Microsoft seeking to regain its footing in the fiercely competitive mobile market is expected to unveil a new smartphone platform at the industry's biggest trade show on Monday.
The US software giant has remained tight-lipped about what chief executive Steve Ballmer will announce at the Mobile World Congress in Barcelona, Spain, but analysts widely believe he will reveal an upgrade of the Windows operating system.
Microsoft has been up against strong competition from telecommunications giant Nokia's Symbian platform and Internet giant Google's Android.
"They do seem to have been pushed on to the backfoot with the Android which seems to have caught them on hoof," said Jeremy Green, mobile analyst at research firm Ovum.
Google has made a splash in the mobile phone industry with its Android operating system, launched in 2007 in a direct challenge to Microsoft.
Smartphones fitted with Microsoft Windows Mobile had 7.9 percent market share in the third quarter of last year compared with 11.1 percent in the same period in 2008, according to research group Gartner.
The leaders during that quarter were phones with Nokia's Symbian technology, with 44.6 percent market share, followed by BlackBerry-maker Research in Motion (RIM) (15.9 percent) and Apple's iPhone operating system (12.9 percent), according to Gartner.
"A couple of years ago the perception was that the OS war was between Microsoft and Symbian and then suddenly nobody talks about Microsoft anymore," Green said.
"All the running and all the excitement have been about Android," he said.
South Korean mobile phone maker Samsung Electronics announced Sunday that it would launch five new smartphones powered by Android this year, in addition to five other handsets fitted with Samsung's own Bada operating system and a handful with Microsoft's platform.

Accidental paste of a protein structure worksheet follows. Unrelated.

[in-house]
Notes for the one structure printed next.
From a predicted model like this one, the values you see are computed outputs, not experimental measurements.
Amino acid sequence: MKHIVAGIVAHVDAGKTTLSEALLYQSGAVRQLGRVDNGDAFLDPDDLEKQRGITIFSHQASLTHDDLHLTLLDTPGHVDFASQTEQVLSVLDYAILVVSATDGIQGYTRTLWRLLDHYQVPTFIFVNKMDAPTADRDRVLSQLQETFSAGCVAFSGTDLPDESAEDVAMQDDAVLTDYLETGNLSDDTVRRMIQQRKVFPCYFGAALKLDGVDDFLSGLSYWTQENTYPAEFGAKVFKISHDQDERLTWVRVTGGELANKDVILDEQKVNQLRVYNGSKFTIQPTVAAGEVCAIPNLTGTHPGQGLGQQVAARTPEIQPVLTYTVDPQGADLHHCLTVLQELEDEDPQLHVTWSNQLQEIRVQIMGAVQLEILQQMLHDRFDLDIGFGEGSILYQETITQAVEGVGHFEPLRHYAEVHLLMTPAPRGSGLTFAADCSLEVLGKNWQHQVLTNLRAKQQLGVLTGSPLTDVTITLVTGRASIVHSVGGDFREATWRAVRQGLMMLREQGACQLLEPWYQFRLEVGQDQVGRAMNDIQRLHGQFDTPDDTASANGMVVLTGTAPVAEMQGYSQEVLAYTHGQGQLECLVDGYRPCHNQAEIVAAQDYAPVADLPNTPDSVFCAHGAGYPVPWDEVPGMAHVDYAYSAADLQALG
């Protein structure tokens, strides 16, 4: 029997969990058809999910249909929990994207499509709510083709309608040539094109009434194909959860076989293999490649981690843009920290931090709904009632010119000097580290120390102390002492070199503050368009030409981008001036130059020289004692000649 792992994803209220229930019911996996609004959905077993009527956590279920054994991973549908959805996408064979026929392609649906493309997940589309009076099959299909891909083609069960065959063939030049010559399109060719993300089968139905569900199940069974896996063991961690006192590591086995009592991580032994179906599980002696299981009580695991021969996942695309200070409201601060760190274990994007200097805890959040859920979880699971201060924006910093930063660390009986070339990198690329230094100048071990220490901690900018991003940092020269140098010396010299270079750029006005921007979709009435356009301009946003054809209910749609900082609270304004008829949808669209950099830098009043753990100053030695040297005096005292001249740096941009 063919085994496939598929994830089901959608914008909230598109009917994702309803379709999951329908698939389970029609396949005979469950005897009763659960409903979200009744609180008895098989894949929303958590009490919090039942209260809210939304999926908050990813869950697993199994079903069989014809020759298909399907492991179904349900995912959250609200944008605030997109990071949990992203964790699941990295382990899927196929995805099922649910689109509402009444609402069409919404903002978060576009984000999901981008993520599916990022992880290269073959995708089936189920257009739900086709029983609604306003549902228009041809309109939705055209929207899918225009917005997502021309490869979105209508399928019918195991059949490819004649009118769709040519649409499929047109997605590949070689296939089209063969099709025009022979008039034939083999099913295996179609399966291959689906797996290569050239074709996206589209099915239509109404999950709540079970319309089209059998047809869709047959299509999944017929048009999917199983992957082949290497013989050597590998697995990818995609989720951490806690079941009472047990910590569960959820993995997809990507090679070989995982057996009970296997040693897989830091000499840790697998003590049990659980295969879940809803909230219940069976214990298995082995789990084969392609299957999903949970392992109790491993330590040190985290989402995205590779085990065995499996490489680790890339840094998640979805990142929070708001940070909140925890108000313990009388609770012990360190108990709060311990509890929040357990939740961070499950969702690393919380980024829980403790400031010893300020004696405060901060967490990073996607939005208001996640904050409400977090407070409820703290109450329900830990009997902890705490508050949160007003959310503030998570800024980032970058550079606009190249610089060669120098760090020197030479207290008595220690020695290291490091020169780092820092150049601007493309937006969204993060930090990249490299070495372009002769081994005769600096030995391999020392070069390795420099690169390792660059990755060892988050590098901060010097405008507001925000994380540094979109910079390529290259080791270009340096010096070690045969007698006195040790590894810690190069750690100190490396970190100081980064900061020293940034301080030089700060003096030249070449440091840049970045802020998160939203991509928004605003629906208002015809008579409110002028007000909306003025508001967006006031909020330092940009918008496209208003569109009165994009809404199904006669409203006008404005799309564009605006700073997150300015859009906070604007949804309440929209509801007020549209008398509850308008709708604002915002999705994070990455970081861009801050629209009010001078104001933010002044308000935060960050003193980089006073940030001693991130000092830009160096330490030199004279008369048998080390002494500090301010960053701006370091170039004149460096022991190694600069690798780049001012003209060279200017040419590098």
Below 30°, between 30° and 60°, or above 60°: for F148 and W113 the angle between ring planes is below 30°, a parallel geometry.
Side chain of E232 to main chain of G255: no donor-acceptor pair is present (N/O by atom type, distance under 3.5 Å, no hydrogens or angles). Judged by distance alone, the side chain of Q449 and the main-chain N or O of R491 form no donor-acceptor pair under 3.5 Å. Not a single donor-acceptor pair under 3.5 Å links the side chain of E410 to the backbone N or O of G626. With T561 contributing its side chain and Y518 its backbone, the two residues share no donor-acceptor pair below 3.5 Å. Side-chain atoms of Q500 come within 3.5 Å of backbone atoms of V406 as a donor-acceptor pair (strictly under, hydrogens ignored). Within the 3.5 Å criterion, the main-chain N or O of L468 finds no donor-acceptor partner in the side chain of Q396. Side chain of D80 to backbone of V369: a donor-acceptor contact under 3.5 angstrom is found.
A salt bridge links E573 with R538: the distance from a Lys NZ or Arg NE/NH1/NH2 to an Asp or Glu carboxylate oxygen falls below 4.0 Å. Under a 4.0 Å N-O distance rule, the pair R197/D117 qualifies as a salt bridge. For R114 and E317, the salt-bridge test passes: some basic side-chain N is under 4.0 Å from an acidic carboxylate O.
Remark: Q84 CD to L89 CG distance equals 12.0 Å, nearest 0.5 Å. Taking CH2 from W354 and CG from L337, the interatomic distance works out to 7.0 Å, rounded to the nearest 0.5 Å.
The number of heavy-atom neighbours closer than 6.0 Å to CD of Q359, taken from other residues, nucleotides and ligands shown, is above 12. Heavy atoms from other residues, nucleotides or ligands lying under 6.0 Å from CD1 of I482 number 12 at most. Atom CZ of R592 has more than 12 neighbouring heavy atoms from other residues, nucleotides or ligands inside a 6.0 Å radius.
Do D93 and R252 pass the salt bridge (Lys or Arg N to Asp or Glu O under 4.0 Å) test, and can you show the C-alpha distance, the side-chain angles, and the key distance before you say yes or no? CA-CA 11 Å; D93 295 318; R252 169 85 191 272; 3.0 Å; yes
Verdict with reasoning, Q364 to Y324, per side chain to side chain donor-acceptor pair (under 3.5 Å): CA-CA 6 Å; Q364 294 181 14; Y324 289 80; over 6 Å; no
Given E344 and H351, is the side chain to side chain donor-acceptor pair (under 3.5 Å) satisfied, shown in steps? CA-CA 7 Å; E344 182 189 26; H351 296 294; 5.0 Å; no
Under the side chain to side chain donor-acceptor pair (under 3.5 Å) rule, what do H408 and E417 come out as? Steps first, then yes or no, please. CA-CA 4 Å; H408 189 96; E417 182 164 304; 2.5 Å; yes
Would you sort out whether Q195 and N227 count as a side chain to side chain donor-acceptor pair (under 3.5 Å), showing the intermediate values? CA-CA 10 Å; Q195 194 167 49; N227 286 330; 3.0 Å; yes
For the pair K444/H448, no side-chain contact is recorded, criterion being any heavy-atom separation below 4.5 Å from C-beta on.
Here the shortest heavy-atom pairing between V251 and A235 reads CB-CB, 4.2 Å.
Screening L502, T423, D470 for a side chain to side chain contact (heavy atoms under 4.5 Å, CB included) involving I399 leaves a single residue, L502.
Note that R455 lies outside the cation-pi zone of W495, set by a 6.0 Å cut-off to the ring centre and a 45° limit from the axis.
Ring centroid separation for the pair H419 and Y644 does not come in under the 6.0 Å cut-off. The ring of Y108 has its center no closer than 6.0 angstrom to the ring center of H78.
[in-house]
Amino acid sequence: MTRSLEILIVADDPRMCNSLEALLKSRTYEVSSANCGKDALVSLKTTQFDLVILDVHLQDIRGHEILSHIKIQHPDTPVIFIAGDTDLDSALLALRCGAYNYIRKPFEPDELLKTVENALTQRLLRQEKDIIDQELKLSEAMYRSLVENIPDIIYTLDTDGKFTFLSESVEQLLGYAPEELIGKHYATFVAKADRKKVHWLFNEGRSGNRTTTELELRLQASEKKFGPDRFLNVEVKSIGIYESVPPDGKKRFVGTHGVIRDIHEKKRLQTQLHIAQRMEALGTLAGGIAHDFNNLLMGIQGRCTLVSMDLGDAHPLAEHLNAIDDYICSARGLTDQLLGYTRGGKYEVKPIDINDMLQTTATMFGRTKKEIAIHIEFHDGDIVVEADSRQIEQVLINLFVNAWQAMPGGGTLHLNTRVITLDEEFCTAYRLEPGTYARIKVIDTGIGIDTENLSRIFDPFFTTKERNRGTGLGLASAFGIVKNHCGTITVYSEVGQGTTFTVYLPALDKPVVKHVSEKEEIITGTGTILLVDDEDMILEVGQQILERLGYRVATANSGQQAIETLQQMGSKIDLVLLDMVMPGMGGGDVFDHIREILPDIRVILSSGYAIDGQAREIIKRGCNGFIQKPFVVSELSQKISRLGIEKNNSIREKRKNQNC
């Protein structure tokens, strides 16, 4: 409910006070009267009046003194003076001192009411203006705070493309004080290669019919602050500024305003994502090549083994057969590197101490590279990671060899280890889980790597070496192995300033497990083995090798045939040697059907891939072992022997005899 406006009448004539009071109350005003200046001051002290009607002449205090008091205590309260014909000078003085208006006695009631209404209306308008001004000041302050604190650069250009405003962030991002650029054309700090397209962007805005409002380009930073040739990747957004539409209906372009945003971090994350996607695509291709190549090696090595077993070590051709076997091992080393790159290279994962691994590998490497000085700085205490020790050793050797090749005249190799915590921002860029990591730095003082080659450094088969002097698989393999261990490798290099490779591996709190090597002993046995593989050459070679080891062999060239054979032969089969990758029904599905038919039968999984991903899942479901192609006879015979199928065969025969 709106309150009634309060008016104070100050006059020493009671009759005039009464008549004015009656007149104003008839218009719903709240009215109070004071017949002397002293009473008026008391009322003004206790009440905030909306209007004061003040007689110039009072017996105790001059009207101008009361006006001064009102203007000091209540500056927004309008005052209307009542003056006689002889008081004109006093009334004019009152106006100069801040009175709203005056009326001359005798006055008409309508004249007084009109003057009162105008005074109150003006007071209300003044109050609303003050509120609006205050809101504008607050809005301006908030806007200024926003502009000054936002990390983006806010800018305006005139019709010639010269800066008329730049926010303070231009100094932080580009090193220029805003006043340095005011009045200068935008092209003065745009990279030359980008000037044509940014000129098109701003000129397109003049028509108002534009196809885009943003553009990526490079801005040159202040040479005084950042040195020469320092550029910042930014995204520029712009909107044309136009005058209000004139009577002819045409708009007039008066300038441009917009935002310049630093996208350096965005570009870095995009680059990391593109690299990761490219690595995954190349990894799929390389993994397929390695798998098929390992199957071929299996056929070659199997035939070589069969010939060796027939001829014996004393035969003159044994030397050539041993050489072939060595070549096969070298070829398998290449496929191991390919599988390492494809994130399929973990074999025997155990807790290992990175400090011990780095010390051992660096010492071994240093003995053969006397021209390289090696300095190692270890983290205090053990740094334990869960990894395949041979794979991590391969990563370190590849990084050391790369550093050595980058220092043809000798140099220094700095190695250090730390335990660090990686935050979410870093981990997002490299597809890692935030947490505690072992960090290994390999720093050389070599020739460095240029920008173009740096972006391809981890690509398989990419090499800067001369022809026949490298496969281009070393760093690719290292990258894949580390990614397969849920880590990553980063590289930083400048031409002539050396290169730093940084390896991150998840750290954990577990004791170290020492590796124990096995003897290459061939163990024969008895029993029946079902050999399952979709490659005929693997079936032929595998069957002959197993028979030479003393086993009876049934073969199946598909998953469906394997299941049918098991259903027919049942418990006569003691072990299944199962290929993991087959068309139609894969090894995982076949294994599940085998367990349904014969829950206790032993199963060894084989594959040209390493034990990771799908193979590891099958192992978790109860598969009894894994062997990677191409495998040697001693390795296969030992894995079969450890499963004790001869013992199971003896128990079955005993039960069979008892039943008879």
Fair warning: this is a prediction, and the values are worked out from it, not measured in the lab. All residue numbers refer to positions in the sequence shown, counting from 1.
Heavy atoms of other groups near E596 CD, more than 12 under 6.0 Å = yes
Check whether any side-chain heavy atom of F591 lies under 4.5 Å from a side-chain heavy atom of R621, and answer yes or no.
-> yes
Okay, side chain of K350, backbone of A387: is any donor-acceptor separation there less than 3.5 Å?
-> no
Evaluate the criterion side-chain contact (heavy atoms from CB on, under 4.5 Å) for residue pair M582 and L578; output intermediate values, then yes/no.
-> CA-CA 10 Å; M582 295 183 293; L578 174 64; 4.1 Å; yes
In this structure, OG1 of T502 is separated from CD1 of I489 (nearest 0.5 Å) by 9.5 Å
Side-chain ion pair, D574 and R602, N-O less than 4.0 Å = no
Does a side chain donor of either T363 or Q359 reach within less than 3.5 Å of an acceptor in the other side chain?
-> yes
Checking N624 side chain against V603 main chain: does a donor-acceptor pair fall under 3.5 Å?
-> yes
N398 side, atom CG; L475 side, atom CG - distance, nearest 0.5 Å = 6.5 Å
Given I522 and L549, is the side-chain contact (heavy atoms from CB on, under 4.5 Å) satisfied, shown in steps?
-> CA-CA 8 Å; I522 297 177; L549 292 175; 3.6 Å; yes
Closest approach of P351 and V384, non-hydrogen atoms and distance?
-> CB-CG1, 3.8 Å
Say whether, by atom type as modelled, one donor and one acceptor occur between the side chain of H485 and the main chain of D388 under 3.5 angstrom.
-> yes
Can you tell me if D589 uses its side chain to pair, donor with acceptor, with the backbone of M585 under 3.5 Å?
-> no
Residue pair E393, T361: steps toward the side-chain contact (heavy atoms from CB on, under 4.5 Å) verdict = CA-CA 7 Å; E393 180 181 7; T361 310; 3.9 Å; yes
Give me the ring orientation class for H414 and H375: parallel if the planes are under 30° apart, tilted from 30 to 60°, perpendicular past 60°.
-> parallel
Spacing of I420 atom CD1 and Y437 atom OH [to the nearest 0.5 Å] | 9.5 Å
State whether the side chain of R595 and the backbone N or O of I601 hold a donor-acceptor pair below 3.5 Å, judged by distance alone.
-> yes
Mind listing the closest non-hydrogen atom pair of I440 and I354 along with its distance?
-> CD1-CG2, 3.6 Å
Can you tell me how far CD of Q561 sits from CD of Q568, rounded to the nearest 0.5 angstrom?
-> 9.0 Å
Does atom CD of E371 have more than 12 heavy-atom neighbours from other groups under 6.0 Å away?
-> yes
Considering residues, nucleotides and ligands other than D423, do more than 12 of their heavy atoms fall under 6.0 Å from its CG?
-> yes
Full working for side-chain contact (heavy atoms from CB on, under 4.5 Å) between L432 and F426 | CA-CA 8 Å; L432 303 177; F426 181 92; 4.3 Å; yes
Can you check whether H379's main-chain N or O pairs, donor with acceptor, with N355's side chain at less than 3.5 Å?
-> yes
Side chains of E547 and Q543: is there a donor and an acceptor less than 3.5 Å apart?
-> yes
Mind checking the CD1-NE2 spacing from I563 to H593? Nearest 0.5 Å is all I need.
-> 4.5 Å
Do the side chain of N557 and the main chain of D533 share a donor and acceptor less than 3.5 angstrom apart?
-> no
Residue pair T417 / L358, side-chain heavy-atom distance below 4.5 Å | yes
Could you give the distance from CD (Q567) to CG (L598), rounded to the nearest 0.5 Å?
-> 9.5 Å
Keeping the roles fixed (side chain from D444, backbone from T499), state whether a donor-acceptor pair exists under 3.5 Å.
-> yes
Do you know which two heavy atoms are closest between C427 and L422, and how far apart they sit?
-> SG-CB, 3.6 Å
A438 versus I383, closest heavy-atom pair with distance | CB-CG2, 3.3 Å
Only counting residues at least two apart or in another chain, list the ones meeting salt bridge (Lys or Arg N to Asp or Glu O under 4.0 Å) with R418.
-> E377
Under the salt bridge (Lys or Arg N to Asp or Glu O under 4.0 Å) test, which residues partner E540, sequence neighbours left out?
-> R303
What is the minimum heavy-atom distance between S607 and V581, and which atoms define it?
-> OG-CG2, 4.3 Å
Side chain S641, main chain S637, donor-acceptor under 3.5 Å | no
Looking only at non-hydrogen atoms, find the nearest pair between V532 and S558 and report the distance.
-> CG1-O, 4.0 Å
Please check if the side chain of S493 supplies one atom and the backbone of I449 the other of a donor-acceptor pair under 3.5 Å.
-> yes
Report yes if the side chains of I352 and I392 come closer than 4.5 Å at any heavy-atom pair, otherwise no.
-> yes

Mobile operating systems are the lifeblood of the increasingly popular smartphones, which allows users to surf the Internet, check and send emails, play music and videos, and take pictures.
Global shipments of smartphones surged by 30 percent in the last quarter of 2009, according to Strategy Analytics. By comparison, overall handset sales rose by 10 percent in the same period.
Google also entered the hardware business last month when it launched its own smartphone, Nexus One, in a challenge against another big rival, Apple, which never attends the Mobile World Congress.
In a signal of Google's ambitions to become a leader to the mobile phone industry, chief executive Eric Schmidt will address the Barcelona event for the first time.
The competition from Google and Apple has fuelled speculation on industry blogs that Microsoft was working on its own mobile phone based on its Zune MP3 player, but reports say it will likely unveil its Windows Mobile 7 operating system.
"They (Microsoft) will have some sort of announcement the question is how big and how significant it is," Green said.
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